Religious people have
their holy sites, music lovers their concert halls, and sports fans their
stadiums. For me, however, a good museum is where I’d rather be most days. It’s
all there, ready and waiting: knowledge, enlightenment, and inspiration.
Museums breathe life into my tired soul. They connect me to people and places
that are far away in distance and time. In short, museums are my cathedrals.
When I walk through
the doorway of one of the world’s great museums, I literally find it a
challenge to contain myself and act my age. My pulse rises, an embarrassing
grin stretches across my face, and my eyes dart around like an overwhelmed
predator who just stumbled upon a meadow packed with prey. I’m not sure, but I
think my hands tremble too.
Great museums are not
just warehouses where interesting things are displayed. They are gateways into
humanity. They tell our story. Some of them confess the evils that we have done
to one another, while others are like trophy rooms that show off the best of
our abilities. A good art museum, for example, reminds me that—even with our
wars, poverty and fondness for irrational distractions—being a member of the
human species is still a wonderful thing.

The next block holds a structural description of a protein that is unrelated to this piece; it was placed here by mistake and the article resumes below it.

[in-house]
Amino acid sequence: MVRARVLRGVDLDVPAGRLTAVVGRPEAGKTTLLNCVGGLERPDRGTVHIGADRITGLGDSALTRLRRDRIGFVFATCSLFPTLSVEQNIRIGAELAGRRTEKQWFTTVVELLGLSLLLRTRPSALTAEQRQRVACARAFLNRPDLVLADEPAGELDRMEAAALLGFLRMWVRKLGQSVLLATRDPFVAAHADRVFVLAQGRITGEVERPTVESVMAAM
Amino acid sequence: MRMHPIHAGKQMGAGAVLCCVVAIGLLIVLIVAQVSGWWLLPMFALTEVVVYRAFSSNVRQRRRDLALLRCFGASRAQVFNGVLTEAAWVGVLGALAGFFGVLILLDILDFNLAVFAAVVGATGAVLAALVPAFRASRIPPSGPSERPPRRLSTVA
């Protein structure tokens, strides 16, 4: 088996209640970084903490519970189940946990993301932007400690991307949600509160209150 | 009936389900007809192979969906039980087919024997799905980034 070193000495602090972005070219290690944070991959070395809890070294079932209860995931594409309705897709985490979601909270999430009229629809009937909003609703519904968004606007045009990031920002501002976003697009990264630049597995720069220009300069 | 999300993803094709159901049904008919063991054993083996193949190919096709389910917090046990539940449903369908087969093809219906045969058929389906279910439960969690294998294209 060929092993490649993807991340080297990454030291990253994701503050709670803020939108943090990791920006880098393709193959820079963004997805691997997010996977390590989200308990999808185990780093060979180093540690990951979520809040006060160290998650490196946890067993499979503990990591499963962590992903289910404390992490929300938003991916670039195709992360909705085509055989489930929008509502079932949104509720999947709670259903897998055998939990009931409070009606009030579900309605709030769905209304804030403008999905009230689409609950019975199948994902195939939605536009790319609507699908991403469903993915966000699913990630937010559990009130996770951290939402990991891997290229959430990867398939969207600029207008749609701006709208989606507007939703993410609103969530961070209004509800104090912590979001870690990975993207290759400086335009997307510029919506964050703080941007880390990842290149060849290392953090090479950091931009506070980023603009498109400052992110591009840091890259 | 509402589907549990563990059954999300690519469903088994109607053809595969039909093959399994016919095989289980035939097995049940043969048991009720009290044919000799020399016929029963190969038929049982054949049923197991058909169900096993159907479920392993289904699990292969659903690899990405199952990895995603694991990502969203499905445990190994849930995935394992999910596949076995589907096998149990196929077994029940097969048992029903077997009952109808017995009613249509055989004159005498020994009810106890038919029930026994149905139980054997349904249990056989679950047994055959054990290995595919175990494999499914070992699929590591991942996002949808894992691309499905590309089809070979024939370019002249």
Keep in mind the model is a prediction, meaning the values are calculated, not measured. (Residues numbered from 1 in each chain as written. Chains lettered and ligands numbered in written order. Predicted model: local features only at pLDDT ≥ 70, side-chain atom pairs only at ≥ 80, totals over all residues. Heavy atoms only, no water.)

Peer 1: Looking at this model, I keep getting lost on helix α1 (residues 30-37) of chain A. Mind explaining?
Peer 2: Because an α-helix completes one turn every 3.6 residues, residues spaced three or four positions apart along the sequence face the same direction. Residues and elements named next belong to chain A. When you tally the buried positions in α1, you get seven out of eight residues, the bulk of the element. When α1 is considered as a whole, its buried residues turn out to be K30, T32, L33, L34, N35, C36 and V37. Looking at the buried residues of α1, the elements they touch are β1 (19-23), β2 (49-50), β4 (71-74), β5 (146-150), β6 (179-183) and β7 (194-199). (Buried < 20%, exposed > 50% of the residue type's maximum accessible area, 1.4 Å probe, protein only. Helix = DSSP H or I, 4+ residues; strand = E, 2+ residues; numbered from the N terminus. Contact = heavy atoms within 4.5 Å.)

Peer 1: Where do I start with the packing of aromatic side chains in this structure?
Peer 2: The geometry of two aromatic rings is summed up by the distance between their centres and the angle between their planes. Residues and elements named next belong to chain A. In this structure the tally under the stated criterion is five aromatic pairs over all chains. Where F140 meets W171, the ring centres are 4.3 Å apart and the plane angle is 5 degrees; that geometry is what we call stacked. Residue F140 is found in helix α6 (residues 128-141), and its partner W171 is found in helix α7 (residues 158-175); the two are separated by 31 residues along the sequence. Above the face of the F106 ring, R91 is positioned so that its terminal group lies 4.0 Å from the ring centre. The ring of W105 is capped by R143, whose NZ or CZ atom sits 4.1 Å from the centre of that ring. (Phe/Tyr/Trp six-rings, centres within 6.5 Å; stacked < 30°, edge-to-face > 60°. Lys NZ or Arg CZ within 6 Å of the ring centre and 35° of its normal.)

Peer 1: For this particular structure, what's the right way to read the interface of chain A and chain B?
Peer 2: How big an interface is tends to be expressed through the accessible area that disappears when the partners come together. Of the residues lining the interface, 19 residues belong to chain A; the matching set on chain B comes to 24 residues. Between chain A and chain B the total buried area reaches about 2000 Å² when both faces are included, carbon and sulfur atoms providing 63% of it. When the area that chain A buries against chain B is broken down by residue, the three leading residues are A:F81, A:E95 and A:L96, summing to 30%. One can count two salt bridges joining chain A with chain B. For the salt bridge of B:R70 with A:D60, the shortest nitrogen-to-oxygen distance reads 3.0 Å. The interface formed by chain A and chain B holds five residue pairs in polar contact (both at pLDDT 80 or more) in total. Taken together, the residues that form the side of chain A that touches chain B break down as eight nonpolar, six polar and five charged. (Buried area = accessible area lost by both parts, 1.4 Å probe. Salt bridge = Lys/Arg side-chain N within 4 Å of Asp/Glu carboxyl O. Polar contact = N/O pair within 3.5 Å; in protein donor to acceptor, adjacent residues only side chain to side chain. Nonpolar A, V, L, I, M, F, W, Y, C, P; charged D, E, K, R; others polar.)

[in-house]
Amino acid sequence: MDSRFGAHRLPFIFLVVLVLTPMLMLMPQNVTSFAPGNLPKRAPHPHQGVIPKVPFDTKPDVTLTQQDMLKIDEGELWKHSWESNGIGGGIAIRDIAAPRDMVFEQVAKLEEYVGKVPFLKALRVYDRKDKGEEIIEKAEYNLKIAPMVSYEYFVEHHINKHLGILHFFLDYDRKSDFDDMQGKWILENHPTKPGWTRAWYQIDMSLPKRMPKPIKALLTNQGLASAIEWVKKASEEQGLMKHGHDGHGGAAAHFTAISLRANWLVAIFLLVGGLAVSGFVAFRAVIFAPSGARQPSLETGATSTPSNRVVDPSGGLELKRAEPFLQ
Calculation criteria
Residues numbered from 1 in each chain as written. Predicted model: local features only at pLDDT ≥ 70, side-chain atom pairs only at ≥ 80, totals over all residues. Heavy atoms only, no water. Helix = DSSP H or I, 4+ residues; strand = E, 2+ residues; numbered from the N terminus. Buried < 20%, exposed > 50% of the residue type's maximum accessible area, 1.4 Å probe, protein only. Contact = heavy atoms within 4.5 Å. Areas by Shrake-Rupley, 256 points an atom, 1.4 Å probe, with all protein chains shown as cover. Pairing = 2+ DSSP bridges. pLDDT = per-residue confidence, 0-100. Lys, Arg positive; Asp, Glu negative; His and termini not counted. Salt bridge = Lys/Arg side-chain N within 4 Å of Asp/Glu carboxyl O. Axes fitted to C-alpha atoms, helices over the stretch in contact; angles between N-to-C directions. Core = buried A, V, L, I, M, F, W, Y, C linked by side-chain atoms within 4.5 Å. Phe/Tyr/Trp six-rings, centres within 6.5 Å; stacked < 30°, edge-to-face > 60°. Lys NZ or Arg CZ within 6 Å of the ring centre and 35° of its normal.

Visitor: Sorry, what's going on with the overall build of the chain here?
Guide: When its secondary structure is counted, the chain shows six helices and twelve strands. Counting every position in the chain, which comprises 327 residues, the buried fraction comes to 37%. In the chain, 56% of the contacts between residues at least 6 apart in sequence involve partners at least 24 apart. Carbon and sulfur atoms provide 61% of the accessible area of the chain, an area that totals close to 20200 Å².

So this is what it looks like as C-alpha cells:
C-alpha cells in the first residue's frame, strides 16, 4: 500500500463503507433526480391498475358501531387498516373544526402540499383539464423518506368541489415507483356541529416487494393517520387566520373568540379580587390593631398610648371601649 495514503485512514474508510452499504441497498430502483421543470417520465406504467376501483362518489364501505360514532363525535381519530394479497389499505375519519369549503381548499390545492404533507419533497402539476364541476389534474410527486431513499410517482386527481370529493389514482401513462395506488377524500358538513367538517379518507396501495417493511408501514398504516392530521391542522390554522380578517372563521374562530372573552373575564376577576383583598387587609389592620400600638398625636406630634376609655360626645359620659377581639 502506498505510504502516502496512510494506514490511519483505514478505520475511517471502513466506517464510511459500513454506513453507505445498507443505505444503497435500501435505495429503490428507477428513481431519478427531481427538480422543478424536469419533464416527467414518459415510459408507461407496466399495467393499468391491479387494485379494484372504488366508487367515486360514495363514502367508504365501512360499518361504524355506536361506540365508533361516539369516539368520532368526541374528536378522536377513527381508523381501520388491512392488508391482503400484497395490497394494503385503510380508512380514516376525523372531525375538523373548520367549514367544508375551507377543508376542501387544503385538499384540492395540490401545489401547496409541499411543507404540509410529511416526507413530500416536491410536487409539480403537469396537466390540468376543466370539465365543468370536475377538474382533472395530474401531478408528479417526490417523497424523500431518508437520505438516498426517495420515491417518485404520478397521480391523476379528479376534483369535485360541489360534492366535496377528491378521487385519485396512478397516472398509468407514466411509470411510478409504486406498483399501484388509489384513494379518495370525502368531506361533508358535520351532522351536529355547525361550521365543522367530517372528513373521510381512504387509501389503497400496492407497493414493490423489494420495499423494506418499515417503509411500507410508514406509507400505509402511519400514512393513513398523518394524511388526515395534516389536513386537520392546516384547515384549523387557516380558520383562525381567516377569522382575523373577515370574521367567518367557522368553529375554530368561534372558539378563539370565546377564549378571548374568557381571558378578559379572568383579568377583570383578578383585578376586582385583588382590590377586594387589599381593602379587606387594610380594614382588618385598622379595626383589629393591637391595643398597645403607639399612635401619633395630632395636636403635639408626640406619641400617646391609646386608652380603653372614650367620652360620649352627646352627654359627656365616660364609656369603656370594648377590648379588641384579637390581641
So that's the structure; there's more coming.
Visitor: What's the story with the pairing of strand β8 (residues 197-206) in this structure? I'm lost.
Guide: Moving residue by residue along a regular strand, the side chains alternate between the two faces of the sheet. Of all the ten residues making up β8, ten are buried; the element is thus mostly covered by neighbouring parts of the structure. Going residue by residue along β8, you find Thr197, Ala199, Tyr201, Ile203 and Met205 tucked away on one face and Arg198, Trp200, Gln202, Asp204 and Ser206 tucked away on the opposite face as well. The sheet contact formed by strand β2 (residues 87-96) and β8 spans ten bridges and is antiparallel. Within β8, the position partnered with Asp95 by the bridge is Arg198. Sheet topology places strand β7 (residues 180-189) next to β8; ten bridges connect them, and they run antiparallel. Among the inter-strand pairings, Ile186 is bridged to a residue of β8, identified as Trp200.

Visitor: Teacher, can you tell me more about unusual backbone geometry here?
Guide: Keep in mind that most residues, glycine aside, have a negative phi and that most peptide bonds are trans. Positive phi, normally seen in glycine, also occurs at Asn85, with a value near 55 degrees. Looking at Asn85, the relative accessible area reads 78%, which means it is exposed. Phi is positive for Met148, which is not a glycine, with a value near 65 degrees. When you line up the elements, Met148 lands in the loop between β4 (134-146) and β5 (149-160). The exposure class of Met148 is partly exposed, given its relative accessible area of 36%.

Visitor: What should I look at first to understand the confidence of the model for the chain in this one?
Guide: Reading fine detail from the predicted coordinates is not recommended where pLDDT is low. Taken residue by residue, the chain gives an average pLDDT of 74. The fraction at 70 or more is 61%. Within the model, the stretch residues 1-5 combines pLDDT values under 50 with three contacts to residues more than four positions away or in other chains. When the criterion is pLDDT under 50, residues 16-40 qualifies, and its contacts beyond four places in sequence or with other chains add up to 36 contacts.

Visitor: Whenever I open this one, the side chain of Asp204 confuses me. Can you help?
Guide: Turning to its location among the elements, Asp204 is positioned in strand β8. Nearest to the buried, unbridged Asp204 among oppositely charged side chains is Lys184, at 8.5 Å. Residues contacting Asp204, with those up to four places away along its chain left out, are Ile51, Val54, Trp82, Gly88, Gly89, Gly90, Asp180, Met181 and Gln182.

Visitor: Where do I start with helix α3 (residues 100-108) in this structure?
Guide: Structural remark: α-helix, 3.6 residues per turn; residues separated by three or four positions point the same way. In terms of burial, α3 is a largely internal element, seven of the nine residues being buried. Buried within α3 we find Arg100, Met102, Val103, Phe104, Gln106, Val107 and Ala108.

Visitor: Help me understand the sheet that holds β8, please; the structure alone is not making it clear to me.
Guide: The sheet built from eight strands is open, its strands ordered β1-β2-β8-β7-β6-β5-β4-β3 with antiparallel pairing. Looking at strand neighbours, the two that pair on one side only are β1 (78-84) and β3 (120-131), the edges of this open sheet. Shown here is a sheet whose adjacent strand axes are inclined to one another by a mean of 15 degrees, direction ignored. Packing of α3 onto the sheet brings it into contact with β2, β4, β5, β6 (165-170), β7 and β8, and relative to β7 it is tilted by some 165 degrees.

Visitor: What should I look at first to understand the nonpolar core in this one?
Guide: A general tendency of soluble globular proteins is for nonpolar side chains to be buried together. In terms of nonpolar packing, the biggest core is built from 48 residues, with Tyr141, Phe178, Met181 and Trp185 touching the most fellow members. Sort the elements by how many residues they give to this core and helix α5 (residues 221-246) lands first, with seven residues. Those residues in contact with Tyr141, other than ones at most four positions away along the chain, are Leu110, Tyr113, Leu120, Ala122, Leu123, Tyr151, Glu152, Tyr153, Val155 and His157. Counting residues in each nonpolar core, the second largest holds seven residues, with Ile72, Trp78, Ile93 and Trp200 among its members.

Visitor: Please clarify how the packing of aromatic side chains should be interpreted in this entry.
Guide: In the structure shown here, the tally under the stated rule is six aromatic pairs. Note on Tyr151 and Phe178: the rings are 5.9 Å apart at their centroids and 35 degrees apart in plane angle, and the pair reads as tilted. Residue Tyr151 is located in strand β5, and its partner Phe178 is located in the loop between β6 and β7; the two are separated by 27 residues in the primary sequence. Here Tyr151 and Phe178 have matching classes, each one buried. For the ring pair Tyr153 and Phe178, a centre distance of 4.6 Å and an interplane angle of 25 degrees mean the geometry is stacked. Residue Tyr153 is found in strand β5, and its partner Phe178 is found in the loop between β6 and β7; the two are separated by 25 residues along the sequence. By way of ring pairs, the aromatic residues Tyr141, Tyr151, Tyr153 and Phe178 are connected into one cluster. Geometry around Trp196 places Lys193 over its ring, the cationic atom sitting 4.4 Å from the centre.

I advise all parents
to march their children into museums at every opportunity and by any means
necessary. Do not hesitate to threaten, pull, push, or bribe—whatever it takes.
Just get them through those doors. Once in let them explore at their own pace
and let them take the lead most of the time. It’s important; you are exposing
them to the soul of humankind. And they will be better off for it.
Visiting great art,
science, and history museums should be viewed as a right of passage for young
people. No child should pass through to adulthood without at least once
standing under the gaze of a T. Rex skeleton or staring into the eyes of a
reconstructed Australopithecus, for example. Don’t fall for the, “but museums
are boring” ruse. All children repeat this line reflexively as part of their
desperate ploy to avoid learning and secure more video game time. There have
been times when my children begged for mercy. “Please, Dad, take us to the
dentist, make us go shopping for shoes with Mom —anything but a museum!” In the
name of parental love and cruelty, however, I dragged them through those museum
doors. And every time—without exception—they loved what they discovered inside.
Mummies, dinosaurs, rockets, and bog people are definitely not boring.
The following is a
short list of museums that I consider to be among the greatest. They are listed
in no particular order. If you can, visit them soon and visit them often.
Luxor Museum – This
tiny jewel in Luxor, Egypt may be the best pound-for-pound museum in the world.
What it lacks in size it more than makes up for in quality of artifacts and
Museum of Egyptian
Antiquities – Large and bursting at the seams with archaeological riches, this
is a museum lover’s fantasy come true. From Tutankhamen’s golden treasures to
Ramses II in the flesh, it’s all here in Cairo.